Did The Early Church Believe in Icons?

    

The Reading from the Holy Gospel according to St. Luke. (8:5-15)

In today’s gospel we hear the familiar story or parable of the sower. Our Lord teaches us that the seed is the word of God. The parable is about what happens when in our hearts we either accept or reject the word of God. There is however one potential, what happens when two different groups of Christians each claim to be following the word of God and yet they come up with dramatically different interpretations and ideas based on the same texts? This issue has troubled many Christians throughout the centuries of Christian history. If I use the Bible, and you use the Bible and we both come to extremely different understandings of the Scriptures, how do we know whose interpretations is correct? How do we discern the truth from falsehood?

We can liken this to our own country and our own rule of law. The laws of this land are supposed to be based upon the Constitution. But problems often arise with the laws themselves or their applications and so it has to be brought to someone who judges what is sound law and what is unsound. What is a proper application and what is a proper interpretation of the text of the Constitution? Ultimately these questions can come before a group of nine judges or justices who are known as the Supreme Court. They have the power to interpret the laws in the light of the Constitution and they can effectively interpret the Constitution itself.

The Church has a similar structure that works to interpret the Scriptures and the New Testament properly. This structure is known as an ecumenical council. These are gatherings of great numbers of bishops from all over the world who would come to one place to pray together, to reason, to debate and ultimately to bring to light the genuine Christian teaching on whatever controversy or issue needed their attention. But unlike the Supreme Court, this was not simply based upon their human opinions but we believe it is guided by some other factors.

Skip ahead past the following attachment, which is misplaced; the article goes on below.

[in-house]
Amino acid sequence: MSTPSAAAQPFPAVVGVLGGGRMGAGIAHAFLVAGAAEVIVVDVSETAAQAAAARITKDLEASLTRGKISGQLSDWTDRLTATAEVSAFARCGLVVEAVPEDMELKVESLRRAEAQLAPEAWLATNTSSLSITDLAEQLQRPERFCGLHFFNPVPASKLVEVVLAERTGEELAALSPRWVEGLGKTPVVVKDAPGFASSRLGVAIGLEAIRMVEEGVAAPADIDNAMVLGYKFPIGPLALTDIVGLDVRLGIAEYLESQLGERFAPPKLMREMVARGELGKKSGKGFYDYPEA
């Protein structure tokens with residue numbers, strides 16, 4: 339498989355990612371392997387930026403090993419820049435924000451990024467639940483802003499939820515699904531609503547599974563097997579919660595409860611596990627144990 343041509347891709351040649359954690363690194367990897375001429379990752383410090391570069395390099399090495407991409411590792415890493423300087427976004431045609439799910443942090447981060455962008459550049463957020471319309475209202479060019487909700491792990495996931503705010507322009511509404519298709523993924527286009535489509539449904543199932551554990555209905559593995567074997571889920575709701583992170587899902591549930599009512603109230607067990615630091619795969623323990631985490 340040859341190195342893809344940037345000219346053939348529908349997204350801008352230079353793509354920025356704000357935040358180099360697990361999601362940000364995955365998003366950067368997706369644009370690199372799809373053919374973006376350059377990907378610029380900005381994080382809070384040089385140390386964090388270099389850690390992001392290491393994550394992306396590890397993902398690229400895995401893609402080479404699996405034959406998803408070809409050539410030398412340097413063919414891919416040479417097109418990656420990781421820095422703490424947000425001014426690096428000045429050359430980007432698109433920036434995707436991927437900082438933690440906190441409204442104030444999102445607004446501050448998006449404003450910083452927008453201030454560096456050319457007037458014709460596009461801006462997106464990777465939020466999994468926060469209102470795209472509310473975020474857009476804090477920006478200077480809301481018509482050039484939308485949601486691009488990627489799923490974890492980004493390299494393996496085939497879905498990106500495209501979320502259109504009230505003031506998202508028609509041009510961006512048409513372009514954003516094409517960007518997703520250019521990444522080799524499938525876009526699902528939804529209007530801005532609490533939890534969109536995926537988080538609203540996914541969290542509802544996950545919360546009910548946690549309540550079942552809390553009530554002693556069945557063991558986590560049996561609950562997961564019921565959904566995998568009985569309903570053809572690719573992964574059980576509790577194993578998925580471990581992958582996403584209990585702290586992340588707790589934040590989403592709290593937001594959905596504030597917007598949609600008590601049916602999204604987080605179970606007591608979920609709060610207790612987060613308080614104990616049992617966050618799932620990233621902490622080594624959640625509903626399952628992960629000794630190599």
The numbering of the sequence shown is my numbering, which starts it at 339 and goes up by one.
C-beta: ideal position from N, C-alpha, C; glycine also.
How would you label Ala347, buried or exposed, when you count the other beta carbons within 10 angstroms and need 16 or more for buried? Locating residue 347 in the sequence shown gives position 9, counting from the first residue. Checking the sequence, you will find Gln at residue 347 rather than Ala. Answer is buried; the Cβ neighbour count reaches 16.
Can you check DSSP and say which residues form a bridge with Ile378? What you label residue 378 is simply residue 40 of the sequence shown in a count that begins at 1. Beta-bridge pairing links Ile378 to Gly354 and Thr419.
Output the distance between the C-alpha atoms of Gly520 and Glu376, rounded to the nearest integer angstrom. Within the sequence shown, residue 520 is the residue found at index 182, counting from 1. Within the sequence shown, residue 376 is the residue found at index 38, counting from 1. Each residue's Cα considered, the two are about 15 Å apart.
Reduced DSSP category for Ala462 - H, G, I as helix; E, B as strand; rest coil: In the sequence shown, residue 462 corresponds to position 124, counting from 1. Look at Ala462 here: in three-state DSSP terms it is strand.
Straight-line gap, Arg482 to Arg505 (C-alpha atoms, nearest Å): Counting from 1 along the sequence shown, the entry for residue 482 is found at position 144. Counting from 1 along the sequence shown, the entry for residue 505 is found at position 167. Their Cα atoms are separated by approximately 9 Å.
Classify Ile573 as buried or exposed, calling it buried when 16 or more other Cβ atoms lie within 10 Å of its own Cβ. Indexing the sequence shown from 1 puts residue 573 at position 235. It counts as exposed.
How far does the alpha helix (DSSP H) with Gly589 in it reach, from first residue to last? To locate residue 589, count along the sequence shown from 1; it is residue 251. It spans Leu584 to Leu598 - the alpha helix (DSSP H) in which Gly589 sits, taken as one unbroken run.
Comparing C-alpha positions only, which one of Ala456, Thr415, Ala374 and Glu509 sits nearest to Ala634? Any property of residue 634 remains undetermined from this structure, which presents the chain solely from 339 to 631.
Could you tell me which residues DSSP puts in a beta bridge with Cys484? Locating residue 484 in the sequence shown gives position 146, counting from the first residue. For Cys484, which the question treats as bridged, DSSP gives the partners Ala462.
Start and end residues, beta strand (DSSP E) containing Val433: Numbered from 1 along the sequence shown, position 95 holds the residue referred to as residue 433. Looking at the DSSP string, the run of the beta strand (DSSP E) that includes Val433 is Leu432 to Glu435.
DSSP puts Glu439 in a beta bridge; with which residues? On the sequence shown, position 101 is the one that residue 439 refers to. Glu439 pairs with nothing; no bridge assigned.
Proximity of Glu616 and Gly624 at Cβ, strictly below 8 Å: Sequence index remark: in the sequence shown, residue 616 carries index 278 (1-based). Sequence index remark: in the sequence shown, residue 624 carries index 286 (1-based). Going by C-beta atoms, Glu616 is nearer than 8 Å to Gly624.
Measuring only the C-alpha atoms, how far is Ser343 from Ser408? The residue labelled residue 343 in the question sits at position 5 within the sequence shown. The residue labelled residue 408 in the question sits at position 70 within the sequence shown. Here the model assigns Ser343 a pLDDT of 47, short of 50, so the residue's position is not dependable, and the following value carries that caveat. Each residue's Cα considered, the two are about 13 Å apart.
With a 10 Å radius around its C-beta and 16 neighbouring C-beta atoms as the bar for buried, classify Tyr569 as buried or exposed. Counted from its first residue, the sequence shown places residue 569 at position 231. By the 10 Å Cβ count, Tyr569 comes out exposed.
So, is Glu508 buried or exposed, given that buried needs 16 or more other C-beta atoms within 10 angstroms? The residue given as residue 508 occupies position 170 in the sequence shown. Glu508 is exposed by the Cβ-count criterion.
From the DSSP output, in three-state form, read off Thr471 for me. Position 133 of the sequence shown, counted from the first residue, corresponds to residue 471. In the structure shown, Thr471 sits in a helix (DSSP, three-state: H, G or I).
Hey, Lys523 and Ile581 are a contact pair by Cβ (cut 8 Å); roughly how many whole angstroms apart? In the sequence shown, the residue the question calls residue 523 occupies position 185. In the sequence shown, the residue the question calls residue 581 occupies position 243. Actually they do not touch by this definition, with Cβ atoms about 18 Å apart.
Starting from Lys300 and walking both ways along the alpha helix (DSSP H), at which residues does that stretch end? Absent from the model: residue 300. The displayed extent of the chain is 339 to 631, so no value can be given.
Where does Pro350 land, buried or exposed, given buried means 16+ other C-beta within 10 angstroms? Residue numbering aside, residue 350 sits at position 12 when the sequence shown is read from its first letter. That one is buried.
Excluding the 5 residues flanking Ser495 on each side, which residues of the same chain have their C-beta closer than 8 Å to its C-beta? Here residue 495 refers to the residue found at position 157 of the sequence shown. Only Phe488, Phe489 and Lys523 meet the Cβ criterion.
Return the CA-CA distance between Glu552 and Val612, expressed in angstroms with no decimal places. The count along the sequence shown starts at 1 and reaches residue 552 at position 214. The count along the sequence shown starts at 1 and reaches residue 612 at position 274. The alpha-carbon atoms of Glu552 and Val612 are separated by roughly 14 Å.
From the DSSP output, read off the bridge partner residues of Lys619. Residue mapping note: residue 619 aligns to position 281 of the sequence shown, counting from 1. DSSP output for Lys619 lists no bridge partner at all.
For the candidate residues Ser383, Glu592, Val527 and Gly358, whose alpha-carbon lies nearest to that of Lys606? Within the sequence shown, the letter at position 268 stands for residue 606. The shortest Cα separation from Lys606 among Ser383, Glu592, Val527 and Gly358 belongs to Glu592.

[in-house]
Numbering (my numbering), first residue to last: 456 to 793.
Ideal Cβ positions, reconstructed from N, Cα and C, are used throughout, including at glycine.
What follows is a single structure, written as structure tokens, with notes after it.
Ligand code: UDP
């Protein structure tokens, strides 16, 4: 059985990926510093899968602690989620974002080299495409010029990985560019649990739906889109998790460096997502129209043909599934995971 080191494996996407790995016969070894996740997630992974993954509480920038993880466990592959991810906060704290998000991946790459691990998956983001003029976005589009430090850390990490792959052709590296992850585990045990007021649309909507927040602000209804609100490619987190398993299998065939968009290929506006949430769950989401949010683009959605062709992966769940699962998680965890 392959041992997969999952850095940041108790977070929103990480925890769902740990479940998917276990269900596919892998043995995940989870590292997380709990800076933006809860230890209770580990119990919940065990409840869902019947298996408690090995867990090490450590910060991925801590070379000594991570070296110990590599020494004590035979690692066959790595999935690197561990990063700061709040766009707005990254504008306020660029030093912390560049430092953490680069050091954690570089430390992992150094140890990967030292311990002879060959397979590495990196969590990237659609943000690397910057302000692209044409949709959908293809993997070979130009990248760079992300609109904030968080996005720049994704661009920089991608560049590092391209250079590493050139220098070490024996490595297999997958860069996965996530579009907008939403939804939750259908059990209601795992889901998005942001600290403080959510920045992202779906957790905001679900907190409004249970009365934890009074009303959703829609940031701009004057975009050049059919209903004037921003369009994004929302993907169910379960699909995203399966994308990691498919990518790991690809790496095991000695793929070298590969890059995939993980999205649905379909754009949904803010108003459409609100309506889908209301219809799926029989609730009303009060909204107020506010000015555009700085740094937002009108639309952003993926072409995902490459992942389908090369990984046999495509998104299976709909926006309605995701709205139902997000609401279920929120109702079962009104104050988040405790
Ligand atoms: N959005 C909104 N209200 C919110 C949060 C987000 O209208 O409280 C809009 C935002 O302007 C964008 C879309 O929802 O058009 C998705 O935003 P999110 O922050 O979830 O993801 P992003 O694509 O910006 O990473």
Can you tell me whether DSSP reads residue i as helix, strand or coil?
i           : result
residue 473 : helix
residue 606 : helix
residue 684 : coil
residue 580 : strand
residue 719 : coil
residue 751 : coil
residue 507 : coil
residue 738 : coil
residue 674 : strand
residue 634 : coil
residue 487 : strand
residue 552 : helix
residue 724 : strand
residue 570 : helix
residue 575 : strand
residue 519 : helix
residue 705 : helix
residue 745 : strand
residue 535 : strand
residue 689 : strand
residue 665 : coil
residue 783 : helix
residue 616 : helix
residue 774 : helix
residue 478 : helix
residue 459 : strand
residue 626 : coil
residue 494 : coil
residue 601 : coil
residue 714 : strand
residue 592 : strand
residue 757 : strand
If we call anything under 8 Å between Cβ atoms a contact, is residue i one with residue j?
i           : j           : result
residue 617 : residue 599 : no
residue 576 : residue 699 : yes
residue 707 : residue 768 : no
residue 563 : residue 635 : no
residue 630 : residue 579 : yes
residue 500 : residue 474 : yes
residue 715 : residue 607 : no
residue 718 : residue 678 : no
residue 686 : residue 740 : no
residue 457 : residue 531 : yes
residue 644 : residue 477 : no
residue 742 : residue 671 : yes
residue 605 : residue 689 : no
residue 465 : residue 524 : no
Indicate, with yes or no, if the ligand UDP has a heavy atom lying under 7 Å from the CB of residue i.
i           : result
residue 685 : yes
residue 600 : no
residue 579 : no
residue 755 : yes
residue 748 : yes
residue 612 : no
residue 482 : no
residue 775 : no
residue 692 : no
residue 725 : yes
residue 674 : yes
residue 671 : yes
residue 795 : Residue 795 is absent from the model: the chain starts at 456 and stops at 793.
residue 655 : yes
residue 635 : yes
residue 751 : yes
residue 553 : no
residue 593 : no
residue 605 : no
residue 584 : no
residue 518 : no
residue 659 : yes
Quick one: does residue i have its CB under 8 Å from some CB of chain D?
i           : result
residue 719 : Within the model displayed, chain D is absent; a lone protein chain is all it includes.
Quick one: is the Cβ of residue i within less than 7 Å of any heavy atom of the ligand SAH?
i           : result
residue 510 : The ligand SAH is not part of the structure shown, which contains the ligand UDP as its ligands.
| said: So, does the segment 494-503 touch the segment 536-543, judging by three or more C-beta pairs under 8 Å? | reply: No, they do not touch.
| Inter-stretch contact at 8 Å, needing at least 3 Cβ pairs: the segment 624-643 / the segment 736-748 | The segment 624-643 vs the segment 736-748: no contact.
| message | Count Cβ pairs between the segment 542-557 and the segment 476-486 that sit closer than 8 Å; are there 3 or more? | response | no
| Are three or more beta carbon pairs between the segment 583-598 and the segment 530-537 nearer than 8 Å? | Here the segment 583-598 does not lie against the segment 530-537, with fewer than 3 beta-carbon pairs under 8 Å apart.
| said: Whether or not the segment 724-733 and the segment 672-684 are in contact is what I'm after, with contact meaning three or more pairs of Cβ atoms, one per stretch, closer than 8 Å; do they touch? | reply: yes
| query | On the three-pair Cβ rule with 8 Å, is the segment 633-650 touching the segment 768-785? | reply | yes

One factor is that there is a universal tradition or teaching that was passed on from place to place and person to person. There is a teaching that comes directly from the Apostles and has been preserved among those who rightly believe. The main guarantors of this teaching of the Apostles were the bishops who had been appointed in every place or region. This is one of the reasons why a bishop is never consecrated by simply one bishop, but by two or three. This demonstrates that there is unity among them and that multiple leaders of the Church have vouched for this man’s Orthodoxy and faith. When a gathering of bishops, who have the same faith and doctrine and have been themselves consecrated as bishops by others who held the same faith and doctrine and can trace this faith and doctrine throughout the history of the Church all the way to the Apostles, you know that this is a special and powerful gathering and it is one that can only happen in the Orthodox Church because it is only in the Orthodox Church that we have an unchanged and unbroken connection all the way back to the Apostles of Jesus Christ. That is a bold statement yet it is totally true and easily verifiable through a historical analysis with discernment.